Trust: A Very Short Introduction by Katherine HawleyTrust: A Very Short Introduction by Katherine Hawley

Trust: A Very Short Introduction

byKatherine Hawley

Paperback | August 17, 2012

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Trust is indispensable, yet it can be dangerous. Without trusting others, we cannot function in society, or even stay alive for very long, but being overly-trustful can be a bad strategy too. Trust is pragmatic, but it also has a moral dimension: trustworthiness is a virtue, and well-placedtrust benefits us all. In this Very Short Introduction, Katherine Hawley explores the key ideas about trust and distrust. Considerings questions such as "Why do we value trust?" and "Why do we want to be trusted rather than distrusted?", Hawley raises issues about the importance of trust in both the personal and publicspheres, including family and relationships as well as politics and society.
Katherine Hawley is Professor of Philosophy at the University of St Andrews and Head of the School of Philosophical, Anthropological and Film Studies. She is the author of How Things Persist (OUP, 2001) and co-editor of Philosophy of Science Today (with Peter Clark, OUP, 2003).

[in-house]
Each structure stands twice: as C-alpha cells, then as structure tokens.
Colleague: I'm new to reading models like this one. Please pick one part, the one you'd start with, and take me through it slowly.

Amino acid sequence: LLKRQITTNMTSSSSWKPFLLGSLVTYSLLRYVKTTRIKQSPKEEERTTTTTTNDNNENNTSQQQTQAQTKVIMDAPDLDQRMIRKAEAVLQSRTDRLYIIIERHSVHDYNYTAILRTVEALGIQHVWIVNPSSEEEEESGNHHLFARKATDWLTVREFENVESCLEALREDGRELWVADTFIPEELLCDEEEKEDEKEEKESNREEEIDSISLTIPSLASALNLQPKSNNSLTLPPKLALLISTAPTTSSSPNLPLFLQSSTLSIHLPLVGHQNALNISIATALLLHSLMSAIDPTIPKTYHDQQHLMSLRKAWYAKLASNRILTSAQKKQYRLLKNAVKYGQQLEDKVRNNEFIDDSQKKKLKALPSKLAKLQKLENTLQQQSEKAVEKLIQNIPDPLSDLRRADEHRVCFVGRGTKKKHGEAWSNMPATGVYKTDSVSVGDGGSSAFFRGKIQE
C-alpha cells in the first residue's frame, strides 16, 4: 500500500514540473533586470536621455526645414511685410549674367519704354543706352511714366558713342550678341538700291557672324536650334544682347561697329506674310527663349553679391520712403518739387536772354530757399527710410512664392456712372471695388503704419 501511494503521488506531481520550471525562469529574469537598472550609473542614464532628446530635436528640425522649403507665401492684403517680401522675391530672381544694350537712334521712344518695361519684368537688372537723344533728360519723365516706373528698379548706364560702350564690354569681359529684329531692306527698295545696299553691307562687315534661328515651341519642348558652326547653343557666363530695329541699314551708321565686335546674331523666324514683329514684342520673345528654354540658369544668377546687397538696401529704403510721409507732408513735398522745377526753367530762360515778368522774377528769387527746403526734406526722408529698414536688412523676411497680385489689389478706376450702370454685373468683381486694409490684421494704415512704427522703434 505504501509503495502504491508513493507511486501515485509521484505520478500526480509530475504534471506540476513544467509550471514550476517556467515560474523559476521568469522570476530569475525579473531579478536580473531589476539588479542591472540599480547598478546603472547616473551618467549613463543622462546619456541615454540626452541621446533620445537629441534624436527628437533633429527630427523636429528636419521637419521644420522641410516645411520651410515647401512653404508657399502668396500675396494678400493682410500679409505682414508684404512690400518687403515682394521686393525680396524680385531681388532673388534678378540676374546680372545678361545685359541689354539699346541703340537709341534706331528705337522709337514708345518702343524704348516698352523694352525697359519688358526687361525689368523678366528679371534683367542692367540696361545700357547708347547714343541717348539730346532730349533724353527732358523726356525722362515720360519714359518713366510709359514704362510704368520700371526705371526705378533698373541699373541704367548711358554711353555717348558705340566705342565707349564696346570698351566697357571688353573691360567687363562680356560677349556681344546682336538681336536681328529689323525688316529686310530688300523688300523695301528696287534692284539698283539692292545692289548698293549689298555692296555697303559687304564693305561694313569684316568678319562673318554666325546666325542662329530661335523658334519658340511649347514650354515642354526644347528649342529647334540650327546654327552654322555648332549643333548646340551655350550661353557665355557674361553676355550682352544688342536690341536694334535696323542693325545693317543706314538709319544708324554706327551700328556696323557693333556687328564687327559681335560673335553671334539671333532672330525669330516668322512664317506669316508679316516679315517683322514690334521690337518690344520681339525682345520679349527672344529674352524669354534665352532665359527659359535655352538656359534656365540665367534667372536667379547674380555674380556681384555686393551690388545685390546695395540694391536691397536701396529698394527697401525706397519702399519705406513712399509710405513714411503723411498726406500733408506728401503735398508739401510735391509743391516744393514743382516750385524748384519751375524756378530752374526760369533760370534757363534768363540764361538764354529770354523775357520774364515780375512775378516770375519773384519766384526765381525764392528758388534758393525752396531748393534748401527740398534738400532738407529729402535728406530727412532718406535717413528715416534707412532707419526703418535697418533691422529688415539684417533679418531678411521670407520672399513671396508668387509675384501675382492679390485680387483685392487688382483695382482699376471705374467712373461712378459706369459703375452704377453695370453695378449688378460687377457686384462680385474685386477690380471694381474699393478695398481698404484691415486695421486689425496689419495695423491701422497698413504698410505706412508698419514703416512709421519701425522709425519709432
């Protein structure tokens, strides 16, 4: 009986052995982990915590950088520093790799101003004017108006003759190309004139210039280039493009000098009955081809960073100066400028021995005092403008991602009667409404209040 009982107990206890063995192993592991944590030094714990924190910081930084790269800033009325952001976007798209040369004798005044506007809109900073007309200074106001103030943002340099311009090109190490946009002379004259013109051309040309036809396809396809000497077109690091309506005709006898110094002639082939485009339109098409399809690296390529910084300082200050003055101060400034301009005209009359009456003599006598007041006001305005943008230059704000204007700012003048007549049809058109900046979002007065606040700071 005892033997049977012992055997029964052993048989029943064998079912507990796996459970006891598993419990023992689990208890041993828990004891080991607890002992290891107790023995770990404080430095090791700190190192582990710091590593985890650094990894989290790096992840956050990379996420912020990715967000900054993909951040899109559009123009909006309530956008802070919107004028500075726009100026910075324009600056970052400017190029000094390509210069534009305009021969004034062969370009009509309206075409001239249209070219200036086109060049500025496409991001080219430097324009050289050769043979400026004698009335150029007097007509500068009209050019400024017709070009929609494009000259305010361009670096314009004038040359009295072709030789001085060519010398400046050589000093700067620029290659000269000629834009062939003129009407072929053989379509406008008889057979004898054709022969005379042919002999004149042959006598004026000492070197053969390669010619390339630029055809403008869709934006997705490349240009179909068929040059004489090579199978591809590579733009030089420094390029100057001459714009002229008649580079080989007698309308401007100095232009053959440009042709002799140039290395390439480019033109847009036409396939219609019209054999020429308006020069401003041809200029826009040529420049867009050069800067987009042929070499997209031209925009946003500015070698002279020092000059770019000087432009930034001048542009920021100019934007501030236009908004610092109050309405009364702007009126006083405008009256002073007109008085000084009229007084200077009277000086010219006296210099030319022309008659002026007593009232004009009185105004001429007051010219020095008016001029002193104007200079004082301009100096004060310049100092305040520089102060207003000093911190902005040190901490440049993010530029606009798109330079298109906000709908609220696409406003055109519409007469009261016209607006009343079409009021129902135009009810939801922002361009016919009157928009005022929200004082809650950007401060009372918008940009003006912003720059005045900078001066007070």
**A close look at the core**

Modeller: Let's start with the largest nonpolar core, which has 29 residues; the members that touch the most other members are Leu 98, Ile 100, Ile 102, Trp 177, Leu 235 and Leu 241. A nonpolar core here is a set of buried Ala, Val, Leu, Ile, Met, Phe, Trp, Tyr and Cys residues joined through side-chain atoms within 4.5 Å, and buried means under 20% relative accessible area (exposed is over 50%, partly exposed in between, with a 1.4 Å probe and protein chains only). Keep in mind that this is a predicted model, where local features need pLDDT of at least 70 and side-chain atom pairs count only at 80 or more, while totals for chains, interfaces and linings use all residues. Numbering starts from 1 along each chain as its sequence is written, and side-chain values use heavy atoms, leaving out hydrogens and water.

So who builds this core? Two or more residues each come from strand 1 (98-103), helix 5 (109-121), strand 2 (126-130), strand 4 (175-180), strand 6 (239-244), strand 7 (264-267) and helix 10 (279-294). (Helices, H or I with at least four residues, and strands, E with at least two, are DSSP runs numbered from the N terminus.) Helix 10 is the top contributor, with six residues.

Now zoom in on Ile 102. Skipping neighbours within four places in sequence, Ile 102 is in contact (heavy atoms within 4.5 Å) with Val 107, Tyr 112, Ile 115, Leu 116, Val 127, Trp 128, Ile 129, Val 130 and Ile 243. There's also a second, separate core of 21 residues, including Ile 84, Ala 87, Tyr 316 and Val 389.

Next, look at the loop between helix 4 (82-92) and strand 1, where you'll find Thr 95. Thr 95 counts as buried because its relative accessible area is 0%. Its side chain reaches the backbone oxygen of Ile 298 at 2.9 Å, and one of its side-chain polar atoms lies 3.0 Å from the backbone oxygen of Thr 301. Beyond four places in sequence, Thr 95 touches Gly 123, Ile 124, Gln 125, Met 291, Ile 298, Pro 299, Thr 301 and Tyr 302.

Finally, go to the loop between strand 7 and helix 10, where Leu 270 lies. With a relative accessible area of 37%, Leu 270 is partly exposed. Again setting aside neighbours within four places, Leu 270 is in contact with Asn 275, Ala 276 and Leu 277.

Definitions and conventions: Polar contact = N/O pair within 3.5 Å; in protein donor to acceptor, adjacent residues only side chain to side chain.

Title:Trust: A Very Short IntroductionFormat:PaperbackDimensions:144 pages, 6.85 × 4.37 × 0.03 inPublished:August 17, 2012Publisher:Oxford University PressLanguage:English

The following ISBNs are associated with this title:

ISBN - 10:0199697345

ISBN - 13:9780199697342

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Table of Contents

Prologue: Trust and distrust at the breakfast table1. What are trust and distrust?2. Why trust and trustworthiness matter3. Evolving trust and cooperation4. Take the money and run5. Honesty and dishonesty6. Knowledge and expertise7. Trust on the internet8. Institutions, conspiracies, and nationsAfterword: The importance of being trustworthyReferencesFurther reading